The talk among college professors, students and those in the conservative southern community I live in, is that Barack Obama is going to win big, whether one wants it to happen or not. The other day, someone said it could be as big a victory as FDR's overwhelming reelection in 1936.
I pointed out that Democrats would do well to remember the lessons of the 1980 election. Others in the conversation dismissed such talk. After all, Obama's got a big lead in the polls. According to realclearpolitics.com polls, Obama is opening up big leads in Associated Press polls and even in Rasmussen Tracking surveys, which always favor Republicans. A Franklin & Marshall poll had Obama winning the battleground state of Pennsylvania, even thumping native son Rick Santorum!
But we have a lot of myths about the 1980 election. According to Will Rogers, the Larry the Cable Guy of the 1930s, said a myth is "what we know, that ain't necessarily so!"
1980 Election Myth 1: Reagan Always Dominated The 1980 Election.
Busted: Sure Reagan took 44 states and 489 electoral votes in 1980, compared to 49 for President Jimmy Carter. But Reagan only won 50.7 percent of the vote, while Carter got 41 percent and John B. Anderson picked up the rest. As recently as October 26, a Gallup poll had Carter ahead 47 percent to Reagan's 39 percent. Reagan's comeback was so remarkable that Gallup had seen nothing like it since they began polling in 1936.
1980 Election Myth 2: Reagan Won With An Awesome Debate Performance.
Mostly Confirmed: Even as a 10-year-old, I remember the Reagan quips of "There you go again," and Carter's stumbles. Polls clearly showed "The Gipper" winning in Cleveland. And Reagan won the election, right? But even after that superb performance, polls still showed the race was "too close to call." In Ted White's coverage of the 1980 election, even Reagan was stunned by the big margin of victory, and Carter's quick concession call.
Carter lost his big lead as he refused to a debate with Anderson in Baltimore, so it was up to the Illinois Congressman against Reagan that night (with the latter easily winning). Carter looked bad by not being there in Baltimore. He probably hoped Reagan would stick to his guns and insist that Anderson be there, and wasn't ready for Reagan to agree to the 1:1 debate.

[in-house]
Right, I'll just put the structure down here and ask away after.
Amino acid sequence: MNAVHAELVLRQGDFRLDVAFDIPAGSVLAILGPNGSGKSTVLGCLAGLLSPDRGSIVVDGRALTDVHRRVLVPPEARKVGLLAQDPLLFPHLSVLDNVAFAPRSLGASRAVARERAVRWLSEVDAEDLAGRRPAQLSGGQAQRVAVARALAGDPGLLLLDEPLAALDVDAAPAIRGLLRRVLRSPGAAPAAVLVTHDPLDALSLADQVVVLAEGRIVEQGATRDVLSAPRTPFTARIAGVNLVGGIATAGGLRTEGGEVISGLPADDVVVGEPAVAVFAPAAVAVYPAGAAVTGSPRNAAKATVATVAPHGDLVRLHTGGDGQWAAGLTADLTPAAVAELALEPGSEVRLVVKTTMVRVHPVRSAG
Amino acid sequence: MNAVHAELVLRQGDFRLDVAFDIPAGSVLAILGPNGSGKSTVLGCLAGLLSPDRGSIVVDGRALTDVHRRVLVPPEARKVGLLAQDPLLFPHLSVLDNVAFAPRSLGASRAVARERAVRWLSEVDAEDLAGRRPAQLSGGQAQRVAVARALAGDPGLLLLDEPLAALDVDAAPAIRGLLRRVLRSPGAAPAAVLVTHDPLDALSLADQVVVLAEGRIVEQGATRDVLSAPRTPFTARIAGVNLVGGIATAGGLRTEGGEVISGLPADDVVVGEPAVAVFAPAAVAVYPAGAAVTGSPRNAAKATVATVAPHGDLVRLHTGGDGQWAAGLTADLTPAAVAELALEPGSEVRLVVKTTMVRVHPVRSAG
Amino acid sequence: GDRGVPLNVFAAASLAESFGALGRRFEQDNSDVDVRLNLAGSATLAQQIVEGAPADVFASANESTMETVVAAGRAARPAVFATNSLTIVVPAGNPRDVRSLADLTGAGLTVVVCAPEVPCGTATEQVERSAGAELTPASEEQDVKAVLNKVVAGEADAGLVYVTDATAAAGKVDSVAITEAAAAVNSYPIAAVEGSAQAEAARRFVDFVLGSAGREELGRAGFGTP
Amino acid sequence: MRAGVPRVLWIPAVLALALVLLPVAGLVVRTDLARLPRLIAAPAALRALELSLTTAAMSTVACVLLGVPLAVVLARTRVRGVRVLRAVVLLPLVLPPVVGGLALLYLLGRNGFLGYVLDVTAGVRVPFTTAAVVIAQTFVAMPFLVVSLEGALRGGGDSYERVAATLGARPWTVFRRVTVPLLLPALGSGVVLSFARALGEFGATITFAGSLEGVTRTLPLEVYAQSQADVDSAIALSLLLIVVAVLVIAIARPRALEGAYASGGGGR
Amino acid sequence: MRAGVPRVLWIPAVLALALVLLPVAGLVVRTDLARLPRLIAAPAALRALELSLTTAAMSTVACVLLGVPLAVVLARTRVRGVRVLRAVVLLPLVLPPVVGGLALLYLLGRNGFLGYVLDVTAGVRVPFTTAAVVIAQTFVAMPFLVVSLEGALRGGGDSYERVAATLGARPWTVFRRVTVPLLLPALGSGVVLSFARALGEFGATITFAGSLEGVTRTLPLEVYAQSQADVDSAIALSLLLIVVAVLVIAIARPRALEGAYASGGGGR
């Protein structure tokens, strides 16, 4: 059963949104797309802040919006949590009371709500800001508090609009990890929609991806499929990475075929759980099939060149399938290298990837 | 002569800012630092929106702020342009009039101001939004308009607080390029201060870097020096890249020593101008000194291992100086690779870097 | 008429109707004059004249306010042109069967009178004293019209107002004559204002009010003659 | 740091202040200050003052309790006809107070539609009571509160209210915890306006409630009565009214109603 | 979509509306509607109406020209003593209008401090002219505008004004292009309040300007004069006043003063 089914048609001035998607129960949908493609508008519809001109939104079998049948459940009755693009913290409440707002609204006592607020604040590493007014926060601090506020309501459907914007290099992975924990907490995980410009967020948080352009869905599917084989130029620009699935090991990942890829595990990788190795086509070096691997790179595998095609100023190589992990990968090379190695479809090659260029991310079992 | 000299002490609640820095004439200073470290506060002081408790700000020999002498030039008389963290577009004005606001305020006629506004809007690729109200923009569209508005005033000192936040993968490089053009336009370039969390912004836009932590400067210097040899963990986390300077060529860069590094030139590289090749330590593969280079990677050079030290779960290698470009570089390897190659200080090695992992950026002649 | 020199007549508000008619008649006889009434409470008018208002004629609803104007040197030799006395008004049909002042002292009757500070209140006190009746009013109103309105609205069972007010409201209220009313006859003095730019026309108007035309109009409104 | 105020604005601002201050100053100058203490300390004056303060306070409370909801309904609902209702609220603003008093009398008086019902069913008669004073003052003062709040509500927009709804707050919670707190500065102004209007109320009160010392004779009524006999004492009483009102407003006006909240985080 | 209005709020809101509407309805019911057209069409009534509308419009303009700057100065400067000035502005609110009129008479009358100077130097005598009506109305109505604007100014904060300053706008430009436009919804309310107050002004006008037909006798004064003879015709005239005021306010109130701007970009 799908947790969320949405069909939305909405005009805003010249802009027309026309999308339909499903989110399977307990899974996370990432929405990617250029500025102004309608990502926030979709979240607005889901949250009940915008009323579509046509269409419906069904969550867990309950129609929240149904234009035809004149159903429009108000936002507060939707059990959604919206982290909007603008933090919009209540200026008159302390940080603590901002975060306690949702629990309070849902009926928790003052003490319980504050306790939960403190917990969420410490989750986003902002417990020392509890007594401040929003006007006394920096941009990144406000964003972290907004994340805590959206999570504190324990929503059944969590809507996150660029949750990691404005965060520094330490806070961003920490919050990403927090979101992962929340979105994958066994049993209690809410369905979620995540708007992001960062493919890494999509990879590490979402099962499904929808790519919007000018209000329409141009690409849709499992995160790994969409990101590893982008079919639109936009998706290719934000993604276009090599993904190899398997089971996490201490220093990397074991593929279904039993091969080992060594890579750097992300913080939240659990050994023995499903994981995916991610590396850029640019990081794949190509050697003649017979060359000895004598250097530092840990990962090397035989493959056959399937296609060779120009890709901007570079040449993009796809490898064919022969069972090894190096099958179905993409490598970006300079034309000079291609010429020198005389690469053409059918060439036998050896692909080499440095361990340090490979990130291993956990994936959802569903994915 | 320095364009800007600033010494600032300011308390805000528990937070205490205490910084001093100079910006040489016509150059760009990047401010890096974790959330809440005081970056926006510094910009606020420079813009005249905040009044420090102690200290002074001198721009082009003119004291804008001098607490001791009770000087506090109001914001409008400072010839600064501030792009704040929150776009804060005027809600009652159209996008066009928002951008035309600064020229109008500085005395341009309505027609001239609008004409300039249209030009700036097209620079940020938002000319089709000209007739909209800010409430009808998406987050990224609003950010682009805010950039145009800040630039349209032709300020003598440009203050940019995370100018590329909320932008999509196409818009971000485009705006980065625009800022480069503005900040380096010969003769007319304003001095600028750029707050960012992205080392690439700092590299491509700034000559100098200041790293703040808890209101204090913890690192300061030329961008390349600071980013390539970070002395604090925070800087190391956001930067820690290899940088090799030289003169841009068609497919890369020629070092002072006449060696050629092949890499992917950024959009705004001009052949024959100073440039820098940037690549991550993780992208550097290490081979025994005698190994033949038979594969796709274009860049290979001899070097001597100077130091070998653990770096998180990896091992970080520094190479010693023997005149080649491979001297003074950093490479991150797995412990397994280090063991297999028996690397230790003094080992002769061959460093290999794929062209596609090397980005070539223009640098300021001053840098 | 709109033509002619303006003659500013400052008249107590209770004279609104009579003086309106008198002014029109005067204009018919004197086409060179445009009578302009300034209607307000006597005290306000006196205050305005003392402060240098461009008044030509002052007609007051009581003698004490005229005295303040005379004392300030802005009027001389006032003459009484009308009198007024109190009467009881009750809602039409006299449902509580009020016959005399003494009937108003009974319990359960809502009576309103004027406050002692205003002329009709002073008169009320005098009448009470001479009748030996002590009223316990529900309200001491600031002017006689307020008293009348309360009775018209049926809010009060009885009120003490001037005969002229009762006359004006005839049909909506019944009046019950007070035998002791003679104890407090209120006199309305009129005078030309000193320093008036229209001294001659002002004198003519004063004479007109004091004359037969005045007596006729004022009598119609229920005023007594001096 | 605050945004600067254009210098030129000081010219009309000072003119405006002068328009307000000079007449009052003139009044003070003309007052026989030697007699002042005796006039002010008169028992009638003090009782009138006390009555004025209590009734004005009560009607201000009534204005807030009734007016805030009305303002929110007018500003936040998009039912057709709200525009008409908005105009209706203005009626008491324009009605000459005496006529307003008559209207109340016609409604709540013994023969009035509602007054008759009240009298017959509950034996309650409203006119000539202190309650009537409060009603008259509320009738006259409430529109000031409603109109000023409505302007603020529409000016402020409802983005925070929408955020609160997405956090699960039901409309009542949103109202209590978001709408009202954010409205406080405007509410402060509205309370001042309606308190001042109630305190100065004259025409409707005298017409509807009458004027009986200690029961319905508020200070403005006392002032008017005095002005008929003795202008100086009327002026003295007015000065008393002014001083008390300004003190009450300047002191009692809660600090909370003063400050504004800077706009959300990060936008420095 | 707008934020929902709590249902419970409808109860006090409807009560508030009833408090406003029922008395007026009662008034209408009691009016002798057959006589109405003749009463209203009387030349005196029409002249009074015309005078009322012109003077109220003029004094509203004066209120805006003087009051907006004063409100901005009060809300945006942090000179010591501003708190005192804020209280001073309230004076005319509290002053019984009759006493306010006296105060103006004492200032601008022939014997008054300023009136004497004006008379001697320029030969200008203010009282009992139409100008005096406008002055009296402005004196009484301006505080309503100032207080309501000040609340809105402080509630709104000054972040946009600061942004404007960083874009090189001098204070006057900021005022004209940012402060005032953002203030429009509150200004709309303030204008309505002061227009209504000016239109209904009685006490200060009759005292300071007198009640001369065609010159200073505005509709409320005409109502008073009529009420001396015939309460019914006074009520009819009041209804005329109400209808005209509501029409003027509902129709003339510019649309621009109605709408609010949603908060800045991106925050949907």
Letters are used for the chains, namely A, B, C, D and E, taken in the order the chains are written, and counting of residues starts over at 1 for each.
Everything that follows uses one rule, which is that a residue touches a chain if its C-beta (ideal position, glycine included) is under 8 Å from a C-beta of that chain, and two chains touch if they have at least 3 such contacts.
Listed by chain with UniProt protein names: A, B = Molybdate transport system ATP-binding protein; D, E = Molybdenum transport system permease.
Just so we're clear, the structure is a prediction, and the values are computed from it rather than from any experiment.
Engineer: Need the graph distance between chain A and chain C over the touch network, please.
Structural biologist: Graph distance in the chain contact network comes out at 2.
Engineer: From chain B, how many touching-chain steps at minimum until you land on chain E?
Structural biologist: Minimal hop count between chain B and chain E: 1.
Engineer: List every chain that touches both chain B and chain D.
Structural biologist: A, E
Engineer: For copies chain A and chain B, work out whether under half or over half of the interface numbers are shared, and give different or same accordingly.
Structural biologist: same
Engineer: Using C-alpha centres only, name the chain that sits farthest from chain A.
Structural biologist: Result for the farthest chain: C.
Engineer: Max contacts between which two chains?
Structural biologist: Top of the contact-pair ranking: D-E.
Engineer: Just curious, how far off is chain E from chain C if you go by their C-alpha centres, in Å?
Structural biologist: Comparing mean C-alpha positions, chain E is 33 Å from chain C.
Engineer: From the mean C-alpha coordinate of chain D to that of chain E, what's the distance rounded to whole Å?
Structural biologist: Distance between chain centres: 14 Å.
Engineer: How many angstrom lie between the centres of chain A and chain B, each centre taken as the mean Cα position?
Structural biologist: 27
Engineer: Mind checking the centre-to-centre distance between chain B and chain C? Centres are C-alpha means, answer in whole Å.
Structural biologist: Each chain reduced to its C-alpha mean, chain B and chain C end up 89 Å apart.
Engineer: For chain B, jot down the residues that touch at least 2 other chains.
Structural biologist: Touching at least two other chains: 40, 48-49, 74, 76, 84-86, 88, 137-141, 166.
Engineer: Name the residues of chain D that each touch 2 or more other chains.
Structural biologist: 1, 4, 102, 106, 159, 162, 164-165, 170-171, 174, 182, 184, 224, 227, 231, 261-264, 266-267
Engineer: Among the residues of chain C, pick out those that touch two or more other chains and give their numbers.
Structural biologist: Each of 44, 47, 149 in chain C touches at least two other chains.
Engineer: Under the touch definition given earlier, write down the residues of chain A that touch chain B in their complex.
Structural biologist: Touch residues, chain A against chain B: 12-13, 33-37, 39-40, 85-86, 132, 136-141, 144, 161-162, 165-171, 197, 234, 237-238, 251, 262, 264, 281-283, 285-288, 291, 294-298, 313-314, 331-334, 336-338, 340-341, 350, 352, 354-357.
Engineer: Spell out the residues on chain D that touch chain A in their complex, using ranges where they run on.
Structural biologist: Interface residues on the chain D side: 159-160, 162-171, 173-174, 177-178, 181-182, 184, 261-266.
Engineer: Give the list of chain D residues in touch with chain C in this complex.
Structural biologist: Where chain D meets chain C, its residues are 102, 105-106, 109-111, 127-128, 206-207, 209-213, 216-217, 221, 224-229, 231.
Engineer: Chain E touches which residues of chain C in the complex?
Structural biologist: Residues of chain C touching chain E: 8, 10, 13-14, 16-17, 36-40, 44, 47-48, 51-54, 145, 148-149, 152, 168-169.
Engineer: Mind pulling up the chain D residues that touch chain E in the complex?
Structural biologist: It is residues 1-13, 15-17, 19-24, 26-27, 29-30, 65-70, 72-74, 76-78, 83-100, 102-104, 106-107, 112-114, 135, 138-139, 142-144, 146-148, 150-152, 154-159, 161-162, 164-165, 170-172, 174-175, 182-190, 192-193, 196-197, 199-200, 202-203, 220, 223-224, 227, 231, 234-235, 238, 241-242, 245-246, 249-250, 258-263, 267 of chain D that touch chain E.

1980 Election Myth 3: The Economy Cost Jimmy Carter The Election
Partially Plausible: The U.S. slipped into a recession in January of 1980. But the recession ended in July of 1980, according to the National Bureau of Economic Research. If the economy really cost Carter the election, its effects would have hurt Carter in the polls much earlier. Instead, inflation (especially in gas prices) hurt more, especially with the onset of winter. The failure to end the Iranian Hostage Crisis may well have mattered more, since the huge flip to Reagan only occurred in the last week of the election.
1980 Election Myth 4: Reagan Won The Election More Than Carter Lost It
Busted: Before 1980, Reagan's electoral successes were somewhat limited. He upset Governor Pat Brown, and won reelection against a very weak opponent. Democrats retook the governor's mansion after Reagan stepped down. Reagan failed in presidential bids in 1968 and 1976, and lost the Iowa Caucuses to the unknown George Bush. We think of Reagan as a big election winner based upon the last week of 1980, and his huge reelection domination in 1984.
Lessons for Obama in 2012Carter's poor debate performance, troubles in Iran, Afghanistan, and high gas prices, and overconfidence did him in. All Obama lacks is that poor debate performance, for now. So Democrats would do well to remember the lessons of the 1980 election, unless they want Obama to have an early retirement party.